The Tiny Project
Tiny house designer Alek Lisefski used smart construction methods, including advanced framing and a rain-screen exterior cladding, to build a home that will be as durable as it is energy efficient.
The Tiny Project house is an 8-ft. by 20-ft. structure built on a flatbed trailer. It’s a modern yet cozy passive-solar design with a low-sloping shed roof, 10 windows, and an all-glass door for lots of natural light. The layout includes a small front porch and a fold-up deck. There’s even a home office and “his” and “her” closet spaces in the loft.
Construction features include advanced framing for decreased weight, double-pane fiberglass windows, closed-cell spray-foam insulation, rainscreen exterior cladding, and a metal roof.
The house has many of the basic amenities you’d find in any house, including kitchen and bathroom sinks and a shower—which are supplied with hot water from a propane on-demand heater. There is a stainless-steel two-burner propane range, a refrigerator/ freezer, an efficient electric convection heater, a washer/dryer unit, and a composting toilet. Priority was given to the use of natural materials such as sustainable bamboo flooring, beetle-kill pine ceiling and walls, marble countertops, zero-VOC paints, and hand-planed custom-built joinery.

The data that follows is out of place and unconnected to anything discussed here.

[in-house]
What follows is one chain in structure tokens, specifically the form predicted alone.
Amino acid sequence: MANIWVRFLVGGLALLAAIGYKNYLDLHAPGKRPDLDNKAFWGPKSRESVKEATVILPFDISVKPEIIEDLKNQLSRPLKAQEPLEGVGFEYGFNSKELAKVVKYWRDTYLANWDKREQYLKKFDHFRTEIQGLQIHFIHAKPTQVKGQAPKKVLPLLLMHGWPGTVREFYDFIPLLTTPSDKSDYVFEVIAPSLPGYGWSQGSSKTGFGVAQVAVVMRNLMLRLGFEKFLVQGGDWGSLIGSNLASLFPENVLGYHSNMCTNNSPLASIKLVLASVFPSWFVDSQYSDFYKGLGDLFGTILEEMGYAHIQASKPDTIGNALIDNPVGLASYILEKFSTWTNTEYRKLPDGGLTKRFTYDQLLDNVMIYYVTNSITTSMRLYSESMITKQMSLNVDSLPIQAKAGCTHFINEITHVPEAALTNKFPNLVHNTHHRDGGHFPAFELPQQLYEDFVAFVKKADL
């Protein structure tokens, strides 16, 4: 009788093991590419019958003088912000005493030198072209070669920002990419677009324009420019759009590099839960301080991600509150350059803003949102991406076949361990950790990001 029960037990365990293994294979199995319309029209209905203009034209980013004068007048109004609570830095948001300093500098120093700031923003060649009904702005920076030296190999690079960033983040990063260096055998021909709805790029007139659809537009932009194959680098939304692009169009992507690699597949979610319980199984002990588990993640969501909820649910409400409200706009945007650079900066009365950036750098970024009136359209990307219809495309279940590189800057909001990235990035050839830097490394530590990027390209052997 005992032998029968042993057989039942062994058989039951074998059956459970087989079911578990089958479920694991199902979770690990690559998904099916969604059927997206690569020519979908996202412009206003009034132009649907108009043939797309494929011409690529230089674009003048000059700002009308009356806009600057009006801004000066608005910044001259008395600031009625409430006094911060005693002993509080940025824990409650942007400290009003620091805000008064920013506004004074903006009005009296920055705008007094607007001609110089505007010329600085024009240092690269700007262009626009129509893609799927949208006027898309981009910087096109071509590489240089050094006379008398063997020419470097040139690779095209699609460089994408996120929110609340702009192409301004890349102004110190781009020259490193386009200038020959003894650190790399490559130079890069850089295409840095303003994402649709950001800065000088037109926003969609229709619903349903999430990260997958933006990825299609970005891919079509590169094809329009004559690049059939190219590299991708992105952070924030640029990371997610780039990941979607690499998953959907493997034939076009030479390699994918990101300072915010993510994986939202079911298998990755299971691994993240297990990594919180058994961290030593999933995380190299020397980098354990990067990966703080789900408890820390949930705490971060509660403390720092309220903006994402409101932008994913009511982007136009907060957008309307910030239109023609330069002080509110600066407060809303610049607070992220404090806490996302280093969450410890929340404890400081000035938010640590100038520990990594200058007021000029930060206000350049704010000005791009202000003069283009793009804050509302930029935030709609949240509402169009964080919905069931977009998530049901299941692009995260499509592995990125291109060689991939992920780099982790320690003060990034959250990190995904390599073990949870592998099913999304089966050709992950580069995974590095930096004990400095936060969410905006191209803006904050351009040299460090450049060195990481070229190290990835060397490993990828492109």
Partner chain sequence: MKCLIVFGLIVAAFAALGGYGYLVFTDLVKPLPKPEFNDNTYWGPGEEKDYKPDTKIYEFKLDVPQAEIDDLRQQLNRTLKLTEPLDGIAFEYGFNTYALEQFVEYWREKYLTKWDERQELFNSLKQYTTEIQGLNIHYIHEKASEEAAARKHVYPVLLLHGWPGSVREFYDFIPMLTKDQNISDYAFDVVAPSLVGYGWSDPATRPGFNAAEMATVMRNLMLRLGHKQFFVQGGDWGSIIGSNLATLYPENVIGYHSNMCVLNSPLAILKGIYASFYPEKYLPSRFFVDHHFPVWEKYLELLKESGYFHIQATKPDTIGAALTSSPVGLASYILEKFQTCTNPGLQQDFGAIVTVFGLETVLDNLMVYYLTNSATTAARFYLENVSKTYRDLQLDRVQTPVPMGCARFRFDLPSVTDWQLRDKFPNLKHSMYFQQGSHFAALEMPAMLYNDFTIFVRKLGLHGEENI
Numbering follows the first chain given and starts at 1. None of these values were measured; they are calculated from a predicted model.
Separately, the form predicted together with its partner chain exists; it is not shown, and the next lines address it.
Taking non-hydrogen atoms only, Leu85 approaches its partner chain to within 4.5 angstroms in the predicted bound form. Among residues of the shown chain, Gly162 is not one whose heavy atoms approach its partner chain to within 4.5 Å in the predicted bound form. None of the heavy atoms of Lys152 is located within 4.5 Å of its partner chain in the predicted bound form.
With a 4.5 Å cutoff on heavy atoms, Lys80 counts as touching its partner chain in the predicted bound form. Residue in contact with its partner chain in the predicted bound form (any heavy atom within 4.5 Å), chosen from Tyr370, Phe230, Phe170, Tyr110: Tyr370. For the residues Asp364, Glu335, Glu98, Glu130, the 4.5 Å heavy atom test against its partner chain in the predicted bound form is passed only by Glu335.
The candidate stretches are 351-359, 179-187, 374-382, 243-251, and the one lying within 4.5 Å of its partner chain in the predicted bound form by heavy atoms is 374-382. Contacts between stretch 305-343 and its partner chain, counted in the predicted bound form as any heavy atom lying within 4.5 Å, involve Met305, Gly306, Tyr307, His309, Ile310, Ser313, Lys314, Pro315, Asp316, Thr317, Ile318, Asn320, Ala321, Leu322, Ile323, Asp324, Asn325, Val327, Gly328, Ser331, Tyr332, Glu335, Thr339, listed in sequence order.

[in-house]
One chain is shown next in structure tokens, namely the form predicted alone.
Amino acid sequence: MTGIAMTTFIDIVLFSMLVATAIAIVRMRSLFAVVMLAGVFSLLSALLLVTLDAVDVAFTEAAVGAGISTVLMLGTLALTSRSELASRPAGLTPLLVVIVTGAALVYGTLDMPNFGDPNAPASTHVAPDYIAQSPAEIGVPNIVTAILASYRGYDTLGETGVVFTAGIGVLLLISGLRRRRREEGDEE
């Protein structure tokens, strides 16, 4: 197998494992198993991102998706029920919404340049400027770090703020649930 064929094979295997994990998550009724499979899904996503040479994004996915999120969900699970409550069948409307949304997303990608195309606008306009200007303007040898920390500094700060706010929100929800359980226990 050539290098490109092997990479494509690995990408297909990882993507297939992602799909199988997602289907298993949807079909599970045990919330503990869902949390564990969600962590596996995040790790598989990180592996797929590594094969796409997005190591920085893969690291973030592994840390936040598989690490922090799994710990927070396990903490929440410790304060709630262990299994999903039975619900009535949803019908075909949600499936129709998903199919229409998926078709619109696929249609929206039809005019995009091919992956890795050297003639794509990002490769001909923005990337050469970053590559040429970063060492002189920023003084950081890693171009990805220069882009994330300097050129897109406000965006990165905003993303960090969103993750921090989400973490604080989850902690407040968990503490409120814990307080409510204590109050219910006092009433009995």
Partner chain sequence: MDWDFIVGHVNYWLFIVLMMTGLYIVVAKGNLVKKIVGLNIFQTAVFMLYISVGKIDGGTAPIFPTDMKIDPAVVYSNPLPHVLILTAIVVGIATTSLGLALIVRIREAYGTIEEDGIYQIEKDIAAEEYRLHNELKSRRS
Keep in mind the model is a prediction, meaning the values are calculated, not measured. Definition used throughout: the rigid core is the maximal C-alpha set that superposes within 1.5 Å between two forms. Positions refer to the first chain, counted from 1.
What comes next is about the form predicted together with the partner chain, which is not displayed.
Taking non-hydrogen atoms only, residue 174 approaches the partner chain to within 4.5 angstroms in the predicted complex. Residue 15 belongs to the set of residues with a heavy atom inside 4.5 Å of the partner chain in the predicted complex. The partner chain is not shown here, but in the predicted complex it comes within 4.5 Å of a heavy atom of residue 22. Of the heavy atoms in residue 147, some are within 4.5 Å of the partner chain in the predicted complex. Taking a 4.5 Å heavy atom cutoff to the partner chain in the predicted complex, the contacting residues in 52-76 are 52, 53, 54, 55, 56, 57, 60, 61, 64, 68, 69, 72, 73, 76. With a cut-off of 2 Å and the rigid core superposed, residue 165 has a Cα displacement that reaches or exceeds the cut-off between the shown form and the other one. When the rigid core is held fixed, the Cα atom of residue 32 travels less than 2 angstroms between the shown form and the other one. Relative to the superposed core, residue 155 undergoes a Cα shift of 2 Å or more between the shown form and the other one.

The Tiny Project house cost roughly $30,000 in materials to build.
- Designer – Alek Lisefski, tiny-project.com
- Photos – Alek Lisefski
Originally featured in the 2019 Downsize special issue of Fine Homebuilding Magazine
See four more homes from this Tiny House collection:
|Tiny House Basics
This compact guest house packs in a ton of beautiful and useful details, including 2 sleeping lofts, a cozy deck, and an eclectic assortment of new and reclaimed materials.
| A Tiny House Inspires a New Occupation
First-time builder Ethan Waldman takes what he’s learned from building his small, efficient home and strives to teach others about the benefits of living small.
|New Frontier Tiny Homes
For tiny-house designer David Latimer, one of the biggest challenges was fitting all of the luxury details into such a compact home–but it all worked out in the end.
|Tiny House, Giant Journey
Jenna Spesard built this rustic little home to cut her expenses and leave more time and money for traveling the world.